Step Two: Getting the Piercing
Let’s talk about you!
You should be at least 18 (or with whatever proof of your legal guardian’s consent the place requires).
Any place that is willing to pierce you without IDing you isn’t very credible, and probably isn’t super careful about other important things like cleanliness or safety.
You should be 100% sober.
Alcohol not only clouds your judgement, it also thins your blood, which can be dangerous if you’re getting poked. If you’re taking any medications that might thin your blood (including antibiotics), make sure to let your piercer know.
You should also be absolutely healthy, you shouldn’t be pregnant, and you should have eaten something in the last couple of hours.
If you’re operating on an empty stomach, you could feel faint and/or pass out on the table, and nobody wants that. Also, no reputable piercer will work on someone who’s sick or pregnant, as you run a much higher risk of infection (which could seriously affect the fetus).
It’s totally cool for you to bring your friend or girlfriend or Intern Grace or whoever if you wanna squeeze somebody’s hand.
It’s gonna hurt for a second, and it’s going to feel really weird; there’s no real way around that. Fun fact: the guy who pierced my conch told me that it’d feel “like making out with a unicorn.” He may have lied, but it did make a really satisfying crunch noise.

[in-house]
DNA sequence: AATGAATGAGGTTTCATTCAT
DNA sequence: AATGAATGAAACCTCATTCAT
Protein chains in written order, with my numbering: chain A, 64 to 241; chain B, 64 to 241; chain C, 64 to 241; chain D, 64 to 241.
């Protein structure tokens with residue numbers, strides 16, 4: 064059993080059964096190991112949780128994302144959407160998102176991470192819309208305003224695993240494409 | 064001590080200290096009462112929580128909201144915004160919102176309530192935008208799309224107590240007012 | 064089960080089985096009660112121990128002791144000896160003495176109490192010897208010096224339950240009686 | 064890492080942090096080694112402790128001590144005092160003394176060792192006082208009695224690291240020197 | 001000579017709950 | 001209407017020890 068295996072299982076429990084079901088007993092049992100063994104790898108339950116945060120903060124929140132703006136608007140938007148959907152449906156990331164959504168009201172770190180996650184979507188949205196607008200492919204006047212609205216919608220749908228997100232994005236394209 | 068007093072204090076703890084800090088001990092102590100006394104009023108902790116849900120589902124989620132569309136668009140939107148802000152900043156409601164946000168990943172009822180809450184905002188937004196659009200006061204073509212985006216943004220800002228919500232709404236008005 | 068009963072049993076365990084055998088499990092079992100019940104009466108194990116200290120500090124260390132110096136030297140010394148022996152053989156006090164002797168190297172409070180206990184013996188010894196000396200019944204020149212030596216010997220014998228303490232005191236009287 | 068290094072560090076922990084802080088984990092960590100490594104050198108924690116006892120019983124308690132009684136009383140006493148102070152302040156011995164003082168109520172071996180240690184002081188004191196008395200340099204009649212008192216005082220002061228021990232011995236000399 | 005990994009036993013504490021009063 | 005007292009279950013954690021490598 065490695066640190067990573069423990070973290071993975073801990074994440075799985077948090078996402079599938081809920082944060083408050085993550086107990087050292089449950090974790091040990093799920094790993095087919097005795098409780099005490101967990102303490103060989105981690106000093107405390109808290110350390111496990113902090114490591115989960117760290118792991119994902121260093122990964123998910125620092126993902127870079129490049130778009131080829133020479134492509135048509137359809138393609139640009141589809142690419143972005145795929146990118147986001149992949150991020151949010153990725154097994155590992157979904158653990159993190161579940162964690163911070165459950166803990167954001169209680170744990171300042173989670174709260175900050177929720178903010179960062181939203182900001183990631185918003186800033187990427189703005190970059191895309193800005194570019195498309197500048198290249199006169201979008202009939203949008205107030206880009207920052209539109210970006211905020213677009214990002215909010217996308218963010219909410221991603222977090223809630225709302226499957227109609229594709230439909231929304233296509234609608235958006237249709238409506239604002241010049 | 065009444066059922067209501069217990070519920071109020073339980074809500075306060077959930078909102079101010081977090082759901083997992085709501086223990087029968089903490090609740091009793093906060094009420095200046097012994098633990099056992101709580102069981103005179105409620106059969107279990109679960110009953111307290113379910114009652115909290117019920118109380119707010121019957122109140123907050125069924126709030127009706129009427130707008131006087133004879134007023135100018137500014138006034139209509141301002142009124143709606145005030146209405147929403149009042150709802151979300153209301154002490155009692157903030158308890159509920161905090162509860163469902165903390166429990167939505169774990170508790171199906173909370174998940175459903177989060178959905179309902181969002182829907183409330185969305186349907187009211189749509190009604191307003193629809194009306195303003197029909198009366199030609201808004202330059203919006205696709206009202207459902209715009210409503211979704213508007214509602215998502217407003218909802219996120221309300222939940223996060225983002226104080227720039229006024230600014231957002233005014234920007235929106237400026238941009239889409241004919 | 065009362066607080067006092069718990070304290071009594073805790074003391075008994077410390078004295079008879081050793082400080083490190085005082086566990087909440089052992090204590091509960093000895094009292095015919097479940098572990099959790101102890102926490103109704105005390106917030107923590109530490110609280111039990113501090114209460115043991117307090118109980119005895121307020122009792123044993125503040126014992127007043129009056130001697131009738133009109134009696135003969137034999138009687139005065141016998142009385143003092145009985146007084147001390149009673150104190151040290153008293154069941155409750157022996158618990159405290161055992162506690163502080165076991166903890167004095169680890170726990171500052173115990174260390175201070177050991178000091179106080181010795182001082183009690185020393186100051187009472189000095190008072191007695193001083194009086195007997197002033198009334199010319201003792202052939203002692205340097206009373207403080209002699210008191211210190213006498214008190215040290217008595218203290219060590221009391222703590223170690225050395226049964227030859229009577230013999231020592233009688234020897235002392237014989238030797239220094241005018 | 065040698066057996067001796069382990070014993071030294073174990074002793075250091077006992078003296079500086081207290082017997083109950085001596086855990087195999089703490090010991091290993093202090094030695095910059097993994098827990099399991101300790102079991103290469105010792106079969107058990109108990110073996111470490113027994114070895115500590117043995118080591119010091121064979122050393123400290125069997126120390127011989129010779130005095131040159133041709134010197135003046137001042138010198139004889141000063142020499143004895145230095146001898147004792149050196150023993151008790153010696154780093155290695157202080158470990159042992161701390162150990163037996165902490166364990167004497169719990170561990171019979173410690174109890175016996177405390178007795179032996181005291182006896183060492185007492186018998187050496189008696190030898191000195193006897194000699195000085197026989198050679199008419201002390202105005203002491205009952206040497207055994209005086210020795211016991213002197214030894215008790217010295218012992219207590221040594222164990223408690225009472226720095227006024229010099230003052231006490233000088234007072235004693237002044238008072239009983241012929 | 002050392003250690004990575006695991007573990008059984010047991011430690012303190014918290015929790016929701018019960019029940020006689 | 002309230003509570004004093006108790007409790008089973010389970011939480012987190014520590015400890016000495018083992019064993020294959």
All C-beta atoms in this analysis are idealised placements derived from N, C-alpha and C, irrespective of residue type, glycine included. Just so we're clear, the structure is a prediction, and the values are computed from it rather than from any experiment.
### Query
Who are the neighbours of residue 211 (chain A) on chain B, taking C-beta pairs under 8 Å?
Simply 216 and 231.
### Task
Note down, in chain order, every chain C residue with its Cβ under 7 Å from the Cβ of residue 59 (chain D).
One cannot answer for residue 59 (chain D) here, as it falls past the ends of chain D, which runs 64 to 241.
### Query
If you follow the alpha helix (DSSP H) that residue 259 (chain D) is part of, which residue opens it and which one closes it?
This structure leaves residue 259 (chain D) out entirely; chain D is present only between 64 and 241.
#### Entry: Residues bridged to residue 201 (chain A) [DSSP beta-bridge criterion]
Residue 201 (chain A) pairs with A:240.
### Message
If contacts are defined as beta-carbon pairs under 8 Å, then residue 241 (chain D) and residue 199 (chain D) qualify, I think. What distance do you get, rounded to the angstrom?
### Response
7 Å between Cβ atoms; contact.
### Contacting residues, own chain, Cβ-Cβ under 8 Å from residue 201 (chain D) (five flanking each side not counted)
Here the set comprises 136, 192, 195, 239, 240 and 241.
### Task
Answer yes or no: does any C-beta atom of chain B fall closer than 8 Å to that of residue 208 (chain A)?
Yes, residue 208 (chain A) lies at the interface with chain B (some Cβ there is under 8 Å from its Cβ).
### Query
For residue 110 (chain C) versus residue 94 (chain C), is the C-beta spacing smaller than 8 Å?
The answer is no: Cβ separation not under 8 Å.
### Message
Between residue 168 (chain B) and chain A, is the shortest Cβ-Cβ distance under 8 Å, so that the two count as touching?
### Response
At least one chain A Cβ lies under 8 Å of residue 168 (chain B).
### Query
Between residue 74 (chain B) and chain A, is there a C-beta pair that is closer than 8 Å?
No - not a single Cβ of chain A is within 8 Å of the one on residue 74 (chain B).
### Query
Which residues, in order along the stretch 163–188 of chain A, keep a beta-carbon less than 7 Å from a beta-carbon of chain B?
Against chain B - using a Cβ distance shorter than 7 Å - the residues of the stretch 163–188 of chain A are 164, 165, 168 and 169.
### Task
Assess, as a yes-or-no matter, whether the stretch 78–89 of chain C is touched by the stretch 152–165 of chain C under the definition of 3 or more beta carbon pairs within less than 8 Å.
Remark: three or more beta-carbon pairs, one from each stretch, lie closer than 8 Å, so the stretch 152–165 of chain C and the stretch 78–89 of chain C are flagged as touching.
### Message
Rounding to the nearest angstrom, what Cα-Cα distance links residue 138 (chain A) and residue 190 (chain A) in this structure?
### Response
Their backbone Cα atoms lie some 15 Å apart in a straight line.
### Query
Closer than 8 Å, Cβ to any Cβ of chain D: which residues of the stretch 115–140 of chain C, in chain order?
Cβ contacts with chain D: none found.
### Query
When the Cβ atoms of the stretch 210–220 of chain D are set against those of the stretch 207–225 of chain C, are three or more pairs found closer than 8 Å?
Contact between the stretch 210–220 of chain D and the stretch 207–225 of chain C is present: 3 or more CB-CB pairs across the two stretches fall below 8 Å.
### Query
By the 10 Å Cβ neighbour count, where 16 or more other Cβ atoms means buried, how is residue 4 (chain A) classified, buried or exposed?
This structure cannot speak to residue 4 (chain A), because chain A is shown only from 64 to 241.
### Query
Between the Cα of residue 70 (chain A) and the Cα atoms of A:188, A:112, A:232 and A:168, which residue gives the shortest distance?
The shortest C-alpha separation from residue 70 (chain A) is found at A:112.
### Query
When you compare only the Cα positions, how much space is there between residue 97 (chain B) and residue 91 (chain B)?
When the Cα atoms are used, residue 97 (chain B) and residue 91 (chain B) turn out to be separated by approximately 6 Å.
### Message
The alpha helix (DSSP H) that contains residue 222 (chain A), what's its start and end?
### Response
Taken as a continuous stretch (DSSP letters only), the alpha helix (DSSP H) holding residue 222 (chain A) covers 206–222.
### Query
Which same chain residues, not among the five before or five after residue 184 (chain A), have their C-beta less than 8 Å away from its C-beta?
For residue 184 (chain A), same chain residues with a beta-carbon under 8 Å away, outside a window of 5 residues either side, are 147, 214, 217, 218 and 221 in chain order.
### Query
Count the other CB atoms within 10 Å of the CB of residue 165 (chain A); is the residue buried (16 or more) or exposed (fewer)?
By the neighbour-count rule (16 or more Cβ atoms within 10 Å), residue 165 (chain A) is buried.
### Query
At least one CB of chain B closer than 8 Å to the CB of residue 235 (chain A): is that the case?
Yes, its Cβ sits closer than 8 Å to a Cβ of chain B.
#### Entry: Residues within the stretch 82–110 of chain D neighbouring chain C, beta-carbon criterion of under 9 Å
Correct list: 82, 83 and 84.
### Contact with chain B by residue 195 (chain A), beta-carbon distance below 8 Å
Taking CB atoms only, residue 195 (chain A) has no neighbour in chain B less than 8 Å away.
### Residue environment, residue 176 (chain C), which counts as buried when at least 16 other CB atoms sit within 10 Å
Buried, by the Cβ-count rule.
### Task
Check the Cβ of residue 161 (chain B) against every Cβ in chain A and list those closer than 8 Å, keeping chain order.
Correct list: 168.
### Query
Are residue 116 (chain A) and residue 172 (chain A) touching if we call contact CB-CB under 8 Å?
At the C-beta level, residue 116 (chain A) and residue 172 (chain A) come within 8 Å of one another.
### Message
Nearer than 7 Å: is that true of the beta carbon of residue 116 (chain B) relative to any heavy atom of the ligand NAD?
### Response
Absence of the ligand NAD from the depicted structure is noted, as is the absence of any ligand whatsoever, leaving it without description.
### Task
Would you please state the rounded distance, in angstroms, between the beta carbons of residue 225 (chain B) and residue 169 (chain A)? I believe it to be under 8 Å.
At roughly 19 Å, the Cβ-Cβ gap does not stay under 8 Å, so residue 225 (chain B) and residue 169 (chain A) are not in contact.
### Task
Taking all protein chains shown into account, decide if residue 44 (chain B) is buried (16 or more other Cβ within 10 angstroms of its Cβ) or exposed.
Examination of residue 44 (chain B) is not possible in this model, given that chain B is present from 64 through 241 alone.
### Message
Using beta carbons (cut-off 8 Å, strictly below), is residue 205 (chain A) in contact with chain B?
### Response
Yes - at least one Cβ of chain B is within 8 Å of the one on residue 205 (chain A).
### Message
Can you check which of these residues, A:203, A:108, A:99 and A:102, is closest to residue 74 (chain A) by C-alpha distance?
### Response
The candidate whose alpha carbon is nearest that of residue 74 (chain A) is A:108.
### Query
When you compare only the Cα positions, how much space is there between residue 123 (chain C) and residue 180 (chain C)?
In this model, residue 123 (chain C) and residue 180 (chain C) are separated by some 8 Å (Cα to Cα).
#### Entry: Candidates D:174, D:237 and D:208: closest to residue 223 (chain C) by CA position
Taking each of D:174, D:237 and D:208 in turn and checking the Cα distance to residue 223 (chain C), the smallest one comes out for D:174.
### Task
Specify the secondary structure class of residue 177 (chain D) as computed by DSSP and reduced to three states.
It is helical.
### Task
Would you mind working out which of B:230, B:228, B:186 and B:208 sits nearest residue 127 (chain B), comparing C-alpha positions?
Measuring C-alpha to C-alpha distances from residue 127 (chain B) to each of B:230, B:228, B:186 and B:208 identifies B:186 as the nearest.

Step 3: Aftercare
Different kinds of piercings require different kinds of aftercare, and any quality shop should have a brochure of some sort for you to take home and consult. Earlobe, septum and eyebrow piercings take about two months to heal, while ear cartilage, navels, nostrils and nipples can take from six months to a year. Genital piercings vary depending on the location and type of piercing. Basically, what you want to do is keep the piercing clean, keep anything potentially germy away from it, and prevent anything from leaning against the jewelry or adding uncomfortable pressure while it’s healing. For example, with my ear cartilage piercings, it was recommended that I keep my hair tied back (hair carries all sorts of nasty things you don’t want getting inside your piercing), avoid using my phone with that particular ear and take care to sleep on my other side. Some healing piercings will develop some gross crusty stuff or secrete a pale yellowish liquid, and that’s totally normal (it’s lymph, blood plasma and dead cells). Don’t play with the jewelry or spin it around lest something gross should get pulled into the healing wound and trap itself in there.